Have you read The Da Vinci Code? If so, then take that plot, spin it around until the whirling feeling leaves you woozy, and then transplant the story to America. Remove the logical progression of events from The Da Vinci Code and youve got National Treasure.
Nicolas Cage stars as Benjamin Franklin Gates, the latest offspring of a long line of wacko Gates men who believe the Freemasons and Americas founding fathers conspired to carry on a 1,000+ year old plan to conceal the worlds greatest collection of treasures. Believing no government should control the unimaginable wealth, the treasures whereabouts are so secret that only a couple of people on earth believe the thing even exists.
Among the few who believe in the treasure are Gates and his trusted sidekick/comic relief buddy, Riley (Justin Bartha), who join up with another firm believer, Ian Howe (Sean Bean). Howes a wealthy businessman who you just know is going to betray them the first chance he gets. That first chance comes early on in the movie when Howe and his minions leave Gates and his little buddy for dead. Now two separate groups with one common goal, the opposing forces figure out the next clue involves the original Declaration of Independence, and the race is on to see who can get their hands on the heavily-guarded document first.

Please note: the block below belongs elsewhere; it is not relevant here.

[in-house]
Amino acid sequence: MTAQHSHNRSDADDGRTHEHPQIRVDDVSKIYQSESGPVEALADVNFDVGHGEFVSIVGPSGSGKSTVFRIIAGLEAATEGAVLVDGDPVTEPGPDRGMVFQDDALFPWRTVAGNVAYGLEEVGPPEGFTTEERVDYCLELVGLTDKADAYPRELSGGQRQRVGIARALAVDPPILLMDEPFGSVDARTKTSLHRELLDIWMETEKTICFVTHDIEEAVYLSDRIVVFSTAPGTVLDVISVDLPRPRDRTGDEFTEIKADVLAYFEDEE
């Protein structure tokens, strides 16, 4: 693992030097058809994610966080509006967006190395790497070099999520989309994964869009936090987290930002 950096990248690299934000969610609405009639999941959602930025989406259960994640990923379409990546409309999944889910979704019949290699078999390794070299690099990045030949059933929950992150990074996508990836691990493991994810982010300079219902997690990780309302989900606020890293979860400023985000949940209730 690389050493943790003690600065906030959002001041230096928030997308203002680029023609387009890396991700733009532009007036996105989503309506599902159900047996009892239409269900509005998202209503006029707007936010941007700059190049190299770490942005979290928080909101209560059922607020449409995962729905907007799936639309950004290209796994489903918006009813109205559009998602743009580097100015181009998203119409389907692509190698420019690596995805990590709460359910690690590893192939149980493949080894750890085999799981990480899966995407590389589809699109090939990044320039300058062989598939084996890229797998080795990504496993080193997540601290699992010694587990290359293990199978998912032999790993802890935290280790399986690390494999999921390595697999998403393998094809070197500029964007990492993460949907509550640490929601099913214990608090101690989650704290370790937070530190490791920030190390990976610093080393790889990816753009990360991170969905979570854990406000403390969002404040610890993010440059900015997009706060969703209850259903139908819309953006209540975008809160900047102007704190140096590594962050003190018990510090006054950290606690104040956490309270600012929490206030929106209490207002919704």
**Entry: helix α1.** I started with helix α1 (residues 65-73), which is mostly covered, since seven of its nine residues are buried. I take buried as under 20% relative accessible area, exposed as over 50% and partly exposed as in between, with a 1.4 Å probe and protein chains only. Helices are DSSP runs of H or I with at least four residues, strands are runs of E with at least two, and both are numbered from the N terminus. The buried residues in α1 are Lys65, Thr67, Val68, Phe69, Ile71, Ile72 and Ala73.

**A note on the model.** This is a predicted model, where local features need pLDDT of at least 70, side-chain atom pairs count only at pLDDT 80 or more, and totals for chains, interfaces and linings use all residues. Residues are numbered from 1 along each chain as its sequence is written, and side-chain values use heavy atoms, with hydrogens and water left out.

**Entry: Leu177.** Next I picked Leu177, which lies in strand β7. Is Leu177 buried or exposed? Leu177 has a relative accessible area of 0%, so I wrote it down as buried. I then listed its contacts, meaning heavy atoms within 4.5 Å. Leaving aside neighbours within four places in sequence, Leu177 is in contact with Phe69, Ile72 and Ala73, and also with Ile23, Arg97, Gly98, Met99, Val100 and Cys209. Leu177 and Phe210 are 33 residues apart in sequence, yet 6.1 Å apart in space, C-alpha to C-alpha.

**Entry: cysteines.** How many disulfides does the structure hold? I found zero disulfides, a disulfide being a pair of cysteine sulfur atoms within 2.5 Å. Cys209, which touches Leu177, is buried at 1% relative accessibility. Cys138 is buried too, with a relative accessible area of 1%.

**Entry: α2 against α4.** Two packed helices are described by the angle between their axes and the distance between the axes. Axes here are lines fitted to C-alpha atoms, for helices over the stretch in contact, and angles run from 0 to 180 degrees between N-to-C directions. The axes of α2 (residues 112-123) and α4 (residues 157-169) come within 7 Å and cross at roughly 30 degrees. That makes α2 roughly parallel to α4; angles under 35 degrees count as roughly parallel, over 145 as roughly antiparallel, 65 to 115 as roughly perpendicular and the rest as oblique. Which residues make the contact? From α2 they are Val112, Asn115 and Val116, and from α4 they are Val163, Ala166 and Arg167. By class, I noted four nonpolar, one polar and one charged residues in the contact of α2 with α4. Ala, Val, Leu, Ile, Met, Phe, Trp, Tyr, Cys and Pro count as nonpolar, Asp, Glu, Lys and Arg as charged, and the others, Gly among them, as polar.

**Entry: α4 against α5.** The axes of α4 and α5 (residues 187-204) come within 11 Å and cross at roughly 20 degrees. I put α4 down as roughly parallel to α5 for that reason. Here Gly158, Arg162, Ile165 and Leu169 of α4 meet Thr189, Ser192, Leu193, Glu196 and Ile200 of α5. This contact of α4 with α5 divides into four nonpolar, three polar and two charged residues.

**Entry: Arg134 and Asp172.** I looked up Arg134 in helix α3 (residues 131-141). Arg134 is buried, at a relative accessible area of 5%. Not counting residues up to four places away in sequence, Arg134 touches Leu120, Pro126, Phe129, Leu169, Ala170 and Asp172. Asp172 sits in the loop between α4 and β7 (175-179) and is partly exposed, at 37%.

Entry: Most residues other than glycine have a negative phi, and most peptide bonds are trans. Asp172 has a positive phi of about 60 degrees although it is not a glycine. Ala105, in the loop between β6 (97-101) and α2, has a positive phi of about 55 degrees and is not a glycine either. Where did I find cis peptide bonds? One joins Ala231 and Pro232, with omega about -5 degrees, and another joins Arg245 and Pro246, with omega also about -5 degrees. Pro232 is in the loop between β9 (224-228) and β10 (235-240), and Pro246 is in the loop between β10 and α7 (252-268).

The hunt for the treasure continues for two hours (in movie time), with Gates meeting and falling for Abigail Chase (Kruger), dodging bullets, keeping one step ahead of the FBI, and dragging his poor old dad (Jon Voight) into the mess.
Even though the plot is ludicrous, Nicolas Cage, Justin Bartha and Sean Bean manage to make National Treasure into a fairly amusing, leave-your-brain-at-the-door, outing. It may sound like I didnt enjoy the movie from my description of the film, but I really did have a good time watching Cage and his cohorts race around chasing clues.
Cage is engaging and pulls off the mix of action star and intellectual thinker, which leads me to believe he might be right for The Da Vinci Code if Tom Hanks falls out of the picture. It seems like National Treasure is almost a 2-hour long audition tape for the much-anticipated film adaptation of Dan Browns bestseller. We dont see enough of Sean Bean in National Treasure but, as usual, hes good at playing the bad guy. Barthas a pleasant surprise. Last seen with Ben Affleck and J-Lo in the really bad Gigli, Bartha shows he can actually act when given even decent material. The only disappointment as far as casting goes is Diane Kruger. The model-turned-actress is pleasing to look at but is horribly out of place playing one of the top bosses at the National Archives.
National Treasures one of those movies you have to be in the right mood to see. If you can get past Diane Krugers ever-changing accent, the twisted plot, and an intrusive musical score, then National Treasures a decent escapist sort of film. Just dont go in expecting to be wowed.
"National Treasure" is directed by Jon Turteltaub and is rated PG for action violence and some scary images.